Respond With “I” Statements – When someone offends us the tendency is to immediately shoot blame.  Instead make your first response a description of how you are feeling like, “I’m a little hurt.” Or “I’m surprised by that.”  Not only are you being authentic, but also you are allowing the offender to know the immediate consequences of their actions.

Offer To Go Deeper – This doesn’t mean to pry and fix what’s going on in their life; however, an off colored comment can sometimes be a shout out for help.  All you need to do is simply ask them, “Is there something we need to talk about?”  If they trust you they’ll let you know the truth.  If they do want to talk about it, just listen and if they don’t assure them that you are available.

Follow Up With Discipline – If a student makes a rude comment towards you, another adult or their parent, be sure to address their action.  Dishonoring parents and being rude to your elders isn’t right.  What is that disciplinary action?  Well that depends on your situation.  It can be as simple as asking them to apologize to who they’ve offended, to removing a certain privilege or responsibility.  No matter what the disciplinary action is, deliver it in love.

When a teen cops an attitude it can be anything from a cry for help to unresolved conflict.  Don’t brush it off, overlook it or over react, if anything slow down the pace, listen and show them God’s love

How do you deal with a teenager’s attitude?

Chris Wesley is the Director of Student Ministry at Church of the Nativity in Timonium, MD. You can read great articles and thoughts about youth ministry on his blog Marathon Youth Ministry.



This week I’ve talked to a couple youth workers who had come down with the same symptoms of a serious disease that infects all of us from time to time: they stopped believing in their church. We’ve all been there (if you haven’t welcome to your first few months in youth ministry – I promise you it is just ahead). So what is your response?

Time for a change in attitude
Quite often when you stop believing in your church or leadership it is time for prayer, not departure. Seasons of discord and discontent are common in ministry – your first response to a frustration should be prayer and consideration to the fact you may just be out of line. Ask God to show you were you need to change, rather than quickly dismiss your inadequacies, arrogance or pride. A just a little heads up – usually you don’t see yourself very well and someone will have to help you with your attitude adjustment. It won’t feel very good.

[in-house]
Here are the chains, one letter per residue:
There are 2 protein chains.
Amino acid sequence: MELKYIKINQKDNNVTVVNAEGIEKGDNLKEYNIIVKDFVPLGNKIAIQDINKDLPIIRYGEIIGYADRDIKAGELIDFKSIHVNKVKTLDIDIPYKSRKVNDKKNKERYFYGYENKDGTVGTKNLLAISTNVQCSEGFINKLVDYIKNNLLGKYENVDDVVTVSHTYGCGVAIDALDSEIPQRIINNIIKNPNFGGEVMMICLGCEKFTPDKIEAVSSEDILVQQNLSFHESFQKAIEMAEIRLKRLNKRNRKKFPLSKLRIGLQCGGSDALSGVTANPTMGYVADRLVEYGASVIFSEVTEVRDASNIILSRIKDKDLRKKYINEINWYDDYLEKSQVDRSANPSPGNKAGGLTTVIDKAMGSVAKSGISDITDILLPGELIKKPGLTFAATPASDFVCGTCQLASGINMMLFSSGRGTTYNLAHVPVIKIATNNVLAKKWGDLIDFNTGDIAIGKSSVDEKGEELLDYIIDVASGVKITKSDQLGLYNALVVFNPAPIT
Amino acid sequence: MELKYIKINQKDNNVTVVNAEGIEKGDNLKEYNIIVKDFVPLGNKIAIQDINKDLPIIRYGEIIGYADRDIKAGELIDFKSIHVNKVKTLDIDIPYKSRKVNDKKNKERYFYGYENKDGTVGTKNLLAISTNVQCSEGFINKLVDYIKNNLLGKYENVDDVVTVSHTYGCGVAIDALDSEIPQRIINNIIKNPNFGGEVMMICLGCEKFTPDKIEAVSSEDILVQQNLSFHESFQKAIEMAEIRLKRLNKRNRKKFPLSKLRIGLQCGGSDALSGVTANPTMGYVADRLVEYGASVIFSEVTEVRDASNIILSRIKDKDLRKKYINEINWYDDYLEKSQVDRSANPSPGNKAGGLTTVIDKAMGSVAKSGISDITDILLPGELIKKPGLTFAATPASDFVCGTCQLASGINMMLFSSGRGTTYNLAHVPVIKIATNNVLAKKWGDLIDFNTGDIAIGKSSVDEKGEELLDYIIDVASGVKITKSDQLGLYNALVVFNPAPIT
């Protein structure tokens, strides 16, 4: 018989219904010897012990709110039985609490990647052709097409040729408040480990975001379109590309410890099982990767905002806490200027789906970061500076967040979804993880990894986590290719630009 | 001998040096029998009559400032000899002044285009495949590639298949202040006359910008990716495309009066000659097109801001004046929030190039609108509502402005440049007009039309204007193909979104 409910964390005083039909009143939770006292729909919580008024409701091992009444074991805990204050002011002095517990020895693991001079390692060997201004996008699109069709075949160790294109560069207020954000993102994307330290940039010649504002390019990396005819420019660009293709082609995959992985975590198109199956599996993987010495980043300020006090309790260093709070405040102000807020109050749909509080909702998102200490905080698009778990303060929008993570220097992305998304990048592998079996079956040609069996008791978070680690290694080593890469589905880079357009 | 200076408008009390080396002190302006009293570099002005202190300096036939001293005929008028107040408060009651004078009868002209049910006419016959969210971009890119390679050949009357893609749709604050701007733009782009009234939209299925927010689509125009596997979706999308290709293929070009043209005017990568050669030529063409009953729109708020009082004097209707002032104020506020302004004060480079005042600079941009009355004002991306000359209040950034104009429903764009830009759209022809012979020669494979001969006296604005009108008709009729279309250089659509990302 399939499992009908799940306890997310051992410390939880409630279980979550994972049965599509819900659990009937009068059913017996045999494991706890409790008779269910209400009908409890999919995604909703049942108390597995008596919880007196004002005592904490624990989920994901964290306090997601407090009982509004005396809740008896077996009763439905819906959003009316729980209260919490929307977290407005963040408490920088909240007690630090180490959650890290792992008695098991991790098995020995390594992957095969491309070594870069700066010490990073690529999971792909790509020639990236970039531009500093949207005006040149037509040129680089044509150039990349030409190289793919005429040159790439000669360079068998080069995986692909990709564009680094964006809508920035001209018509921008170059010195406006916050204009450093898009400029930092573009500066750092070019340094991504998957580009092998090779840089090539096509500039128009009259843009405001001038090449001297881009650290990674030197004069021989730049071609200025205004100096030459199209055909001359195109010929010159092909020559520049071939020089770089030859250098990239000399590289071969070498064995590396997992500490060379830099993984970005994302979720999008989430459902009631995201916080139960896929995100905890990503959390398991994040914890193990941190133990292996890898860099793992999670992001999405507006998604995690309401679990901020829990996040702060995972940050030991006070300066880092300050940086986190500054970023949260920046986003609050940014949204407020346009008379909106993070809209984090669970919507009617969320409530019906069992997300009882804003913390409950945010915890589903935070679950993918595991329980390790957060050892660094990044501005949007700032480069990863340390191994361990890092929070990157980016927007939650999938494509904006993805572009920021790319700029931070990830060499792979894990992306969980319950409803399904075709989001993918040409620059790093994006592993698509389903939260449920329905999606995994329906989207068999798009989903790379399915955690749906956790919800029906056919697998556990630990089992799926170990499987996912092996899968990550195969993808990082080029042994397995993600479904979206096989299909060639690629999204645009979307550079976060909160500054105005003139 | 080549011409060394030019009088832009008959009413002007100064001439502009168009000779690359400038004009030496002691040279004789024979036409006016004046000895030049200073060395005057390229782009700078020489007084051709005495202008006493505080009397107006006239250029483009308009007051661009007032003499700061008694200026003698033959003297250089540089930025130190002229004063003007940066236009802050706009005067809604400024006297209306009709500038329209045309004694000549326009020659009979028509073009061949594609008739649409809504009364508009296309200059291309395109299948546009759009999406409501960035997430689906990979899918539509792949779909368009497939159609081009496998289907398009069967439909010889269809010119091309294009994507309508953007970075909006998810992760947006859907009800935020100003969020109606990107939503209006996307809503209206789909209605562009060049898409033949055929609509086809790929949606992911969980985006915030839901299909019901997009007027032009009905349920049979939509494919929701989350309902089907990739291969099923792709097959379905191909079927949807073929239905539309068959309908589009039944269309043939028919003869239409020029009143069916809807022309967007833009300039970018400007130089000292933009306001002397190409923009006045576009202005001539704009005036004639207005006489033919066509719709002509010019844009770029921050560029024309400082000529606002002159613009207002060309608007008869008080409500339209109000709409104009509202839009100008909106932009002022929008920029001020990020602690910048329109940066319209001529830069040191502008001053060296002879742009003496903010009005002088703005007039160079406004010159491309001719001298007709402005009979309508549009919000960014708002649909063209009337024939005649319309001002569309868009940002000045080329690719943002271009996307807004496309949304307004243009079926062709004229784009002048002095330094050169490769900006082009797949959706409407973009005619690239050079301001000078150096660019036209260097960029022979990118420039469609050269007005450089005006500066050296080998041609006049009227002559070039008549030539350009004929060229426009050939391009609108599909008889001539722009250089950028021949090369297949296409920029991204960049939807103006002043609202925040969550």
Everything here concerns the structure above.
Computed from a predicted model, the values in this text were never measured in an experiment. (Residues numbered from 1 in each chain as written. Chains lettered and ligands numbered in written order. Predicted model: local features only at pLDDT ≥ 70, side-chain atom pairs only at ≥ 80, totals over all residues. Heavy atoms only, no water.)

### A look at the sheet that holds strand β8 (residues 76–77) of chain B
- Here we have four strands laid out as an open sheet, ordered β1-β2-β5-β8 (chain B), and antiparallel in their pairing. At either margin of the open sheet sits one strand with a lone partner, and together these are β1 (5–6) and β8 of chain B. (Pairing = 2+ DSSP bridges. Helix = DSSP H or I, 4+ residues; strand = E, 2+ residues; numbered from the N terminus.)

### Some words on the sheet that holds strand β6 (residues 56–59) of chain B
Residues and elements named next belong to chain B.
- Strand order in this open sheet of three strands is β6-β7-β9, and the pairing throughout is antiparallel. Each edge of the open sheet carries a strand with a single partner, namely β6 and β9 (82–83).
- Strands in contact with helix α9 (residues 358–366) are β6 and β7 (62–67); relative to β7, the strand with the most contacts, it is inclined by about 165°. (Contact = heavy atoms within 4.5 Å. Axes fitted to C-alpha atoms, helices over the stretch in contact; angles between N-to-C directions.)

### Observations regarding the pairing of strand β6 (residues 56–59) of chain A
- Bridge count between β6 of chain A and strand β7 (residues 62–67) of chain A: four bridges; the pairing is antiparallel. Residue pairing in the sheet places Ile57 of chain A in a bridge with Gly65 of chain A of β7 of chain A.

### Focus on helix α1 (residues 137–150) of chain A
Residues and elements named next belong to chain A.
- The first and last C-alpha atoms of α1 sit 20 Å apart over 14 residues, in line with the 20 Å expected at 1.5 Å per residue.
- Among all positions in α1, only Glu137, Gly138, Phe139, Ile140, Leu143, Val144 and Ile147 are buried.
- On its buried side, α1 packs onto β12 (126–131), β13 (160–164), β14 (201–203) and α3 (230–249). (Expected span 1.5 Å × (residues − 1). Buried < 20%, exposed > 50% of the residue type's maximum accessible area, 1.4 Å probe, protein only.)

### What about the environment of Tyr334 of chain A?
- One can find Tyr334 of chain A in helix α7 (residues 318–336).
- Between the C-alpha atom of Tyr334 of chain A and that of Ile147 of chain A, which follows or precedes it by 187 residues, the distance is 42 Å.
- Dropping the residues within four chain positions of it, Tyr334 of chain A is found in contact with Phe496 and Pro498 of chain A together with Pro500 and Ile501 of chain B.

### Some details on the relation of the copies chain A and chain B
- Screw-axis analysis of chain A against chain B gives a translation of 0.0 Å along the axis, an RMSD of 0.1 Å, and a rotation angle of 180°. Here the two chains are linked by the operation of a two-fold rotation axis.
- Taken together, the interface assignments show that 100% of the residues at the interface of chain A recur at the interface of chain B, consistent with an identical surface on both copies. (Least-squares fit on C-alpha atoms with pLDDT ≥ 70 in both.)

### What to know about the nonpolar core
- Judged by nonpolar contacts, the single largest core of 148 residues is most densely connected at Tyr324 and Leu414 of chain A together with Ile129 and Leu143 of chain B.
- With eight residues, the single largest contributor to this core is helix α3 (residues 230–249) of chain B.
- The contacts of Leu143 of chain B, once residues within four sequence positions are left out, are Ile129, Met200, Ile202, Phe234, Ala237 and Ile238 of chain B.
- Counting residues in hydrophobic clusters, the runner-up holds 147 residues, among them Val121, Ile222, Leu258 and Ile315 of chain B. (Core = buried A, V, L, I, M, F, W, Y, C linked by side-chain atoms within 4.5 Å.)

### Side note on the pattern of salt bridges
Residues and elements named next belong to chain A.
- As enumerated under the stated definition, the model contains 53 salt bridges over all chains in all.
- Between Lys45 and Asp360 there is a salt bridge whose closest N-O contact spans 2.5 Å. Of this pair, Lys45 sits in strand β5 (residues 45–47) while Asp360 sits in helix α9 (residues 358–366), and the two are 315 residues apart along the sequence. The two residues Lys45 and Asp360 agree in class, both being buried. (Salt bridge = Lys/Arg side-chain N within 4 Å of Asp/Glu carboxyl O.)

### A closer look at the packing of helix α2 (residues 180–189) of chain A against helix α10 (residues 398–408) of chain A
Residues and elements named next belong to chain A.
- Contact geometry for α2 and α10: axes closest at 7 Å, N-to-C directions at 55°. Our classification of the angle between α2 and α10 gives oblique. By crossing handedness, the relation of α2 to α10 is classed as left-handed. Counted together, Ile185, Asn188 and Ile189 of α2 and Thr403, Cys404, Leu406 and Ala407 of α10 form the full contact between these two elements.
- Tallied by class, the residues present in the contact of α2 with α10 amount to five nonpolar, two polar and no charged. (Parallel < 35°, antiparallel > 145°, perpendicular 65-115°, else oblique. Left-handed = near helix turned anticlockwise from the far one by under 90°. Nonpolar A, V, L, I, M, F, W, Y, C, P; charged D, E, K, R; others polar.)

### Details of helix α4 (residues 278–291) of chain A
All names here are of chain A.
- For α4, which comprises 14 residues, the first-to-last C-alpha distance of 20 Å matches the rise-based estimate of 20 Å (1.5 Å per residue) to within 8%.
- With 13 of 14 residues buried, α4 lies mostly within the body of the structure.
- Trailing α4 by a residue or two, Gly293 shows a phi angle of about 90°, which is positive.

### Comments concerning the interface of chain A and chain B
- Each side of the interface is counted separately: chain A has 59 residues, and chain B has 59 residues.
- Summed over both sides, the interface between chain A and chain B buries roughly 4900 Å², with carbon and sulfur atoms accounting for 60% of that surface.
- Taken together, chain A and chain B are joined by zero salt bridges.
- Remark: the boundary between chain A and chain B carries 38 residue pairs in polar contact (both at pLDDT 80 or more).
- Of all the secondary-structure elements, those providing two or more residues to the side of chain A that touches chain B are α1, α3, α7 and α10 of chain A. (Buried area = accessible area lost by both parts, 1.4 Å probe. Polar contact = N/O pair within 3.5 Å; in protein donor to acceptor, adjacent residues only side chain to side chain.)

Time for a change in your job description
Most frustrations can be addressed by a simple change in a job description. Did your youth ministry position recently morph into an associate pastor type of role? Does your job look WAY different than what was pitched to you when you were hired? If you’re feeling it right now, write up some adjustments to your description (or help yourself by writing an official job description if your church never gave you one) that is fulfilling of your responsibilities and calling.

Time for a change in your leader
It’s possible that the leadership you report to needs to change. It will be very difficult to truly discern this – they need to sense God’s Spirit leading them and hear the words of wisdom in their Christian community. Pray that God will open their eyes to poor leadership decisions and pray that you may have a role in helping shape the vision which you are about to abandon because you’re giving up hope.

Time for a change in where you serve
If it isn’t an attitude problem on your part. If your job cannot be edited and adjusted to be a better fit. If your leader is unwilling or unable to change, you might need to begin praying about what God has next for you. When you stop believing in a church or a leader I believe you are quite possibly in the early stages of transition. I put this option last for a reason – this is usually what I flirt with first when I’m losing the vision for the church. Fight through the other steps first, and if/when you get here, pray for clarity and wisdom.

To youth workers who are hurting … I’ve walked that road in the past, and still dabble in it now from time to time. Don’t stop believing … and when you do check your heart, your role, your leader and if God wants to make a change.

JG